CREATE TABLE t1 (c1 varchar(100))


Here is the documentation link

  • This works perfectly. A nice one liner that will not change the schema at all but update the data type. This should be the new updated answer! Feb 21, 2020 at 20:14
  • example: alter table myTable alter column myColumn type varchar(65535); where myColumn was varchar(255)
    – WEBjuju
    Jul 11, 2022 at 16:48

If you don't want to change the column order, an option will be creating a temp table, drop & create the new one with desired size and then bulk again the data.

CREATE TEMP TABLE temp_table AS SELECT * FROM original_table;
DROP TABLE original_table;
CREATE TABLE original_table ...
INSERT INTO original_table SELECT * FROM temp_table;

The only problem recreating the table is that you will need to grant again permissions and if the table is too bigger it will take a piece of time.

  • 1
    This is pretty similar to the existing answer from Wolli to rename and then copy the old table data into the new schema. Both will keep the column order, but this solution with a temp table requires copying the data twice. Once to copy into the temp table, and another to copy back to the new table. Renaming the table should be faster by only performing one copy.
    – Matt Good
    Aug 29, 2017 at 0:33
ALTER TABLE publisher_catalogs ADD COLUMN new_version integer;

update publisher_catalogs set new_version = CAST(version AS integer);
ALTER TABLE publisher_catalogs DROP COLUMN version RESTRICT;
ALTER TABLE publisher_catalogs RENAME new_version to version;

Redshift being columnar database doesn't allow you to modify the datatype directly, however below is one approach this will change the column order.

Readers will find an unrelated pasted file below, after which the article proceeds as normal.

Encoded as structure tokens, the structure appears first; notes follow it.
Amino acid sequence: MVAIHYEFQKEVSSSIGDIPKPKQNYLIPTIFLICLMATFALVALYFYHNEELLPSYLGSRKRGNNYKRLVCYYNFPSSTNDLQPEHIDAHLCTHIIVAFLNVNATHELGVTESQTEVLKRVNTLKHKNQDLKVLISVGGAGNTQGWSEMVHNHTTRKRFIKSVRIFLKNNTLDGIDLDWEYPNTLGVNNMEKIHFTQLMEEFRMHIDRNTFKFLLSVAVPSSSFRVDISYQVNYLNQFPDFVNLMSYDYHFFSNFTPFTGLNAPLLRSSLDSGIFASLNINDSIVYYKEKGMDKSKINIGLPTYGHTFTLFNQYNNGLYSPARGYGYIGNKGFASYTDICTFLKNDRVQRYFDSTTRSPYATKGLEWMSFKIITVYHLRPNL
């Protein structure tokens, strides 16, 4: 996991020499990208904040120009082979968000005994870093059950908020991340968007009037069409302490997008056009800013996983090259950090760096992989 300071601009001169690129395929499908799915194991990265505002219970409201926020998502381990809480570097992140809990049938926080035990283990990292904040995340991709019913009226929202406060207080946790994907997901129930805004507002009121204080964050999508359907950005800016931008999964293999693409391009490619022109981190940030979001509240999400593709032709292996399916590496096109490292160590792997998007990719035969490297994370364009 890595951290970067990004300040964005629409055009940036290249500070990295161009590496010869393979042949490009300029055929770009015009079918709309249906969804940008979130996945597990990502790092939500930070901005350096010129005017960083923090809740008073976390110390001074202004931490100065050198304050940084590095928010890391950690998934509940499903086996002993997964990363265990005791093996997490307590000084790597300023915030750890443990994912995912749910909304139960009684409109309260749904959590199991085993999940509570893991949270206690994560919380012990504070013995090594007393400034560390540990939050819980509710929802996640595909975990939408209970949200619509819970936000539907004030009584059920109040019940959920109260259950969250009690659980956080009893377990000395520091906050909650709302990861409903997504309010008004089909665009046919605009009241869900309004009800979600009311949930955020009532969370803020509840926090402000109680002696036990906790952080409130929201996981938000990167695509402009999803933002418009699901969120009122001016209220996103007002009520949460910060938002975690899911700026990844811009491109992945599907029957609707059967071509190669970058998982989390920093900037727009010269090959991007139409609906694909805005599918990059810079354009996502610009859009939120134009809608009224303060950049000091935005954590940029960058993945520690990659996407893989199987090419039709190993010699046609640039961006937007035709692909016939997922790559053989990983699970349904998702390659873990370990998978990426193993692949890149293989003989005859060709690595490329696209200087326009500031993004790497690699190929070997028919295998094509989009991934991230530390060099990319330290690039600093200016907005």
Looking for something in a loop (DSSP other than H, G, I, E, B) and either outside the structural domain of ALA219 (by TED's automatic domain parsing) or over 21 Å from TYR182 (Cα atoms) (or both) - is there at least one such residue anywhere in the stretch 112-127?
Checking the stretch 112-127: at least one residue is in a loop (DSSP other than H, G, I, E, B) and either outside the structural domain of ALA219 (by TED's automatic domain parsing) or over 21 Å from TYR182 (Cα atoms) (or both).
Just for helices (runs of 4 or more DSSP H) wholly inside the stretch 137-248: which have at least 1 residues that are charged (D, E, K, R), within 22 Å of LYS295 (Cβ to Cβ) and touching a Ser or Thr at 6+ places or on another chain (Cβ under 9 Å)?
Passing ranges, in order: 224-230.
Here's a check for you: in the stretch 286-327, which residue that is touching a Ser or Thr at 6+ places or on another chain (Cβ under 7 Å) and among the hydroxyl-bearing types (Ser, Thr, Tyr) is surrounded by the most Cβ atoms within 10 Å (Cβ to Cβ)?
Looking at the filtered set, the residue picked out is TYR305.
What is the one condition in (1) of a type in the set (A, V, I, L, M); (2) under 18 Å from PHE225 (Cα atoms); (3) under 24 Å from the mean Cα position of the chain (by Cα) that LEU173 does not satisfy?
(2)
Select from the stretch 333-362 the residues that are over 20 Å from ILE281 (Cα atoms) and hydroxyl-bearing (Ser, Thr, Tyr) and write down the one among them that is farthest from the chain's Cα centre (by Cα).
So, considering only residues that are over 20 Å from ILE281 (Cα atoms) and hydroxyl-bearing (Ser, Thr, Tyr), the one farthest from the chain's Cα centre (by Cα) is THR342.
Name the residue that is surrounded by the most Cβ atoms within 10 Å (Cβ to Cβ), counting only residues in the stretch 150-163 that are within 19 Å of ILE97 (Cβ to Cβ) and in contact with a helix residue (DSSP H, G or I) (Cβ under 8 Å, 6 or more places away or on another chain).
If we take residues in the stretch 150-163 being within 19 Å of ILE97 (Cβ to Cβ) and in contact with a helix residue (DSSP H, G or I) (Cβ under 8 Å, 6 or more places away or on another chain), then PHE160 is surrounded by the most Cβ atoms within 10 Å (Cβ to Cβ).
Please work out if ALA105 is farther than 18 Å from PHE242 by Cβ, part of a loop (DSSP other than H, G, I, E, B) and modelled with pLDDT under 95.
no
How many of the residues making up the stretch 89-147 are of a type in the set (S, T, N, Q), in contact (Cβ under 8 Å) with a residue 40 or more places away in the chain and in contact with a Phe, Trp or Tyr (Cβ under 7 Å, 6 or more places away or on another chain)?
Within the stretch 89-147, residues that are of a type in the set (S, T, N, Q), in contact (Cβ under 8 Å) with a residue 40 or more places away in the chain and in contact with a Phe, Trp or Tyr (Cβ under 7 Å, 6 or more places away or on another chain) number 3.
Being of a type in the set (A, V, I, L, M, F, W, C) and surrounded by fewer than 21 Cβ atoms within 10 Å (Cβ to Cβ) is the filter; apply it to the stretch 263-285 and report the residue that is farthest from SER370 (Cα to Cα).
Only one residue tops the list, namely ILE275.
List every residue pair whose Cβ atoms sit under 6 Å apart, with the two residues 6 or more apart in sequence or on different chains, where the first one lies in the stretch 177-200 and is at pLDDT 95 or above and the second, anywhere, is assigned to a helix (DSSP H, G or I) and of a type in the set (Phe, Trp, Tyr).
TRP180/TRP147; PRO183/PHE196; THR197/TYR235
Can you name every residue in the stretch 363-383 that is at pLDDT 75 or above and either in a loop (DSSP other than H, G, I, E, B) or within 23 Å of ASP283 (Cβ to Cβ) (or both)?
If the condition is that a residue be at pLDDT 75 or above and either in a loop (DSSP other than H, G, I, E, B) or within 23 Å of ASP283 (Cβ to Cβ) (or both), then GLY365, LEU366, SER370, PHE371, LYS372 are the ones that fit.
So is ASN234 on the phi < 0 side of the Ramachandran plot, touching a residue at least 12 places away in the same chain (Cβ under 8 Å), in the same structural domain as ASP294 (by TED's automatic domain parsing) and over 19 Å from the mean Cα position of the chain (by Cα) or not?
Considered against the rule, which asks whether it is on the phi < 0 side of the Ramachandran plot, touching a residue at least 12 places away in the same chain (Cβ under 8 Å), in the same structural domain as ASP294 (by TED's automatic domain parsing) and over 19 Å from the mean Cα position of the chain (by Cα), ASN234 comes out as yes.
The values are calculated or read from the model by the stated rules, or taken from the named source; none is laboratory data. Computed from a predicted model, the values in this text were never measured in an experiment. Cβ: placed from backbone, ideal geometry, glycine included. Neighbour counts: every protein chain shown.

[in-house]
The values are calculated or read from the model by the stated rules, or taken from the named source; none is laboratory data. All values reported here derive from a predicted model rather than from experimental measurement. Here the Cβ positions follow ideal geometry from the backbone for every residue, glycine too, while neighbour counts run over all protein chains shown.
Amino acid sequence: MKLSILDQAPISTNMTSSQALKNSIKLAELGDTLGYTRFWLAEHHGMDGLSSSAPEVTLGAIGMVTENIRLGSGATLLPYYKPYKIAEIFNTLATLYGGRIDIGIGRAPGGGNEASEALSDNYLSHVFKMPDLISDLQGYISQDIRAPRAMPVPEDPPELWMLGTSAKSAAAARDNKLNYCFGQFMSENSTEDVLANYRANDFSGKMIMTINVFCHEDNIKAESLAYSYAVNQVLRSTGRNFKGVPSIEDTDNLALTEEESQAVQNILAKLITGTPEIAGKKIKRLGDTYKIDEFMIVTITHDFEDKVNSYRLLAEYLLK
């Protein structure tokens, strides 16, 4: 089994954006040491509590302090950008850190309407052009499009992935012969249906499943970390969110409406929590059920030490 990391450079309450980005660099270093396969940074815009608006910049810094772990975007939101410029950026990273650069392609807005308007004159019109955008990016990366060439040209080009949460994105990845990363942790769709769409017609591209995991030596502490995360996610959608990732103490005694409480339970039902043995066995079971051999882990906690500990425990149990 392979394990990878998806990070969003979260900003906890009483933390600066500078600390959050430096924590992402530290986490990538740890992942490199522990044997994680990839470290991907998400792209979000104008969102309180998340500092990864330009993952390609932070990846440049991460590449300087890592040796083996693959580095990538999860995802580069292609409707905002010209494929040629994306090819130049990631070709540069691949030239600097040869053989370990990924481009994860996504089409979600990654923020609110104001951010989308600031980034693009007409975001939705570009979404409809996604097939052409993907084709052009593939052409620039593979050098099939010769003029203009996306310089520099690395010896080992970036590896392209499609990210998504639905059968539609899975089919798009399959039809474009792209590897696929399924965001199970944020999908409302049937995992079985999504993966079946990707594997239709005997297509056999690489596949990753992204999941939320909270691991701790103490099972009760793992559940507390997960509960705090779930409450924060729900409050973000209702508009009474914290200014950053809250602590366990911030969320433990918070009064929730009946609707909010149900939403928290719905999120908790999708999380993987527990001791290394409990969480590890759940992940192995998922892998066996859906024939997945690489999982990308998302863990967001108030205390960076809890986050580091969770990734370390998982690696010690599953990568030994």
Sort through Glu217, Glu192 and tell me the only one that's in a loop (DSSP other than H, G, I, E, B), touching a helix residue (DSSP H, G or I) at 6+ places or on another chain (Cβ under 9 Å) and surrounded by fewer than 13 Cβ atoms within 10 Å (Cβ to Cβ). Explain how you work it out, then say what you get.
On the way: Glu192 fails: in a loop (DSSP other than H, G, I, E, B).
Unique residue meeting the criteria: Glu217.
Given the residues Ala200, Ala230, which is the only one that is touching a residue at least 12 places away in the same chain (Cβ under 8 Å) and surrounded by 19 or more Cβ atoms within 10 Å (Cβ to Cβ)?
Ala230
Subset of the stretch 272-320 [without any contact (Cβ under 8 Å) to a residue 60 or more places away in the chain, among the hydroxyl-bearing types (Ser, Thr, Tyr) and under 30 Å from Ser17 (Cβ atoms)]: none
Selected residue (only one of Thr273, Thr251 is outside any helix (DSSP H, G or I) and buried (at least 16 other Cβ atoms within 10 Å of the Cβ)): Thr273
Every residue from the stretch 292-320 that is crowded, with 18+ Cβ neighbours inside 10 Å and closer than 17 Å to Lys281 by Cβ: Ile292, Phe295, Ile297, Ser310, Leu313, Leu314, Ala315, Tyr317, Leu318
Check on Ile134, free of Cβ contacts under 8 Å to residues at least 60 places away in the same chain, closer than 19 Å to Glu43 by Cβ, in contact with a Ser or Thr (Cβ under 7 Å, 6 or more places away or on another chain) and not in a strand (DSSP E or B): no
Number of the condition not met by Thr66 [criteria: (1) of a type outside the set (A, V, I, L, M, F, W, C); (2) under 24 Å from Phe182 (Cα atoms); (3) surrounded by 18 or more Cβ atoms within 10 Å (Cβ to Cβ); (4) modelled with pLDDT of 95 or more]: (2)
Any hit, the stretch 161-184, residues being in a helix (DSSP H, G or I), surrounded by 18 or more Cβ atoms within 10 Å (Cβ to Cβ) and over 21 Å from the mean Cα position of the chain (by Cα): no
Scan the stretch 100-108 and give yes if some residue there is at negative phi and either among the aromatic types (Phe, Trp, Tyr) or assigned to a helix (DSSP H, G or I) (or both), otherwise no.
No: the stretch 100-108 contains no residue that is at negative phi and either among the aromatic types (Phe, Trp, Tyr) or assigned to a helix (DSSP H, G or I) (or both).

Steps -

1.Alter table add newcolumn to the table 2.Update the newcolumn value with oldcolumn value 3.Alter table to drop the oldcolumn 4.alter table to rename the columnn to oldcolumn

If you don't want to alter the order of the columns then solution would be to

1.create temp table with new column name

  1. copy data from old table to new table.

  2. drop old table

  3. rename the newtable to oldtable

  4. One important thing create a new table using like command instead simple create.


This method works for converting an (big) int column into a varchar

-- Create a backup of the original table
create table original_table_backup as select * from original_table;

-- Drop the original table, and then recreate with new desired data types
drop table original_table;

create table original_table (
  col1 bigint,
  col2 varchar(20) -- changed from bigint

-- insert original entries back into the new table
insert into original_table select * from original_table_backup;

-- cleanup
drop original_table_backup;
Answer recommended by AWS Collective

You can alter data length for varchar datatype using the below ALTER TABLE syntax provided in the documentation here. The ALTER TABLE statement can change the length of a varchar datatype.

    ALTER TABLE table_name

    ALTER COLUMN column_name TYPE updated_varchar_data_type_size

If your usecase is to change the datatype from one type to another, Eg: integer to varchar, varchar to date etc, you can use one of the below two methods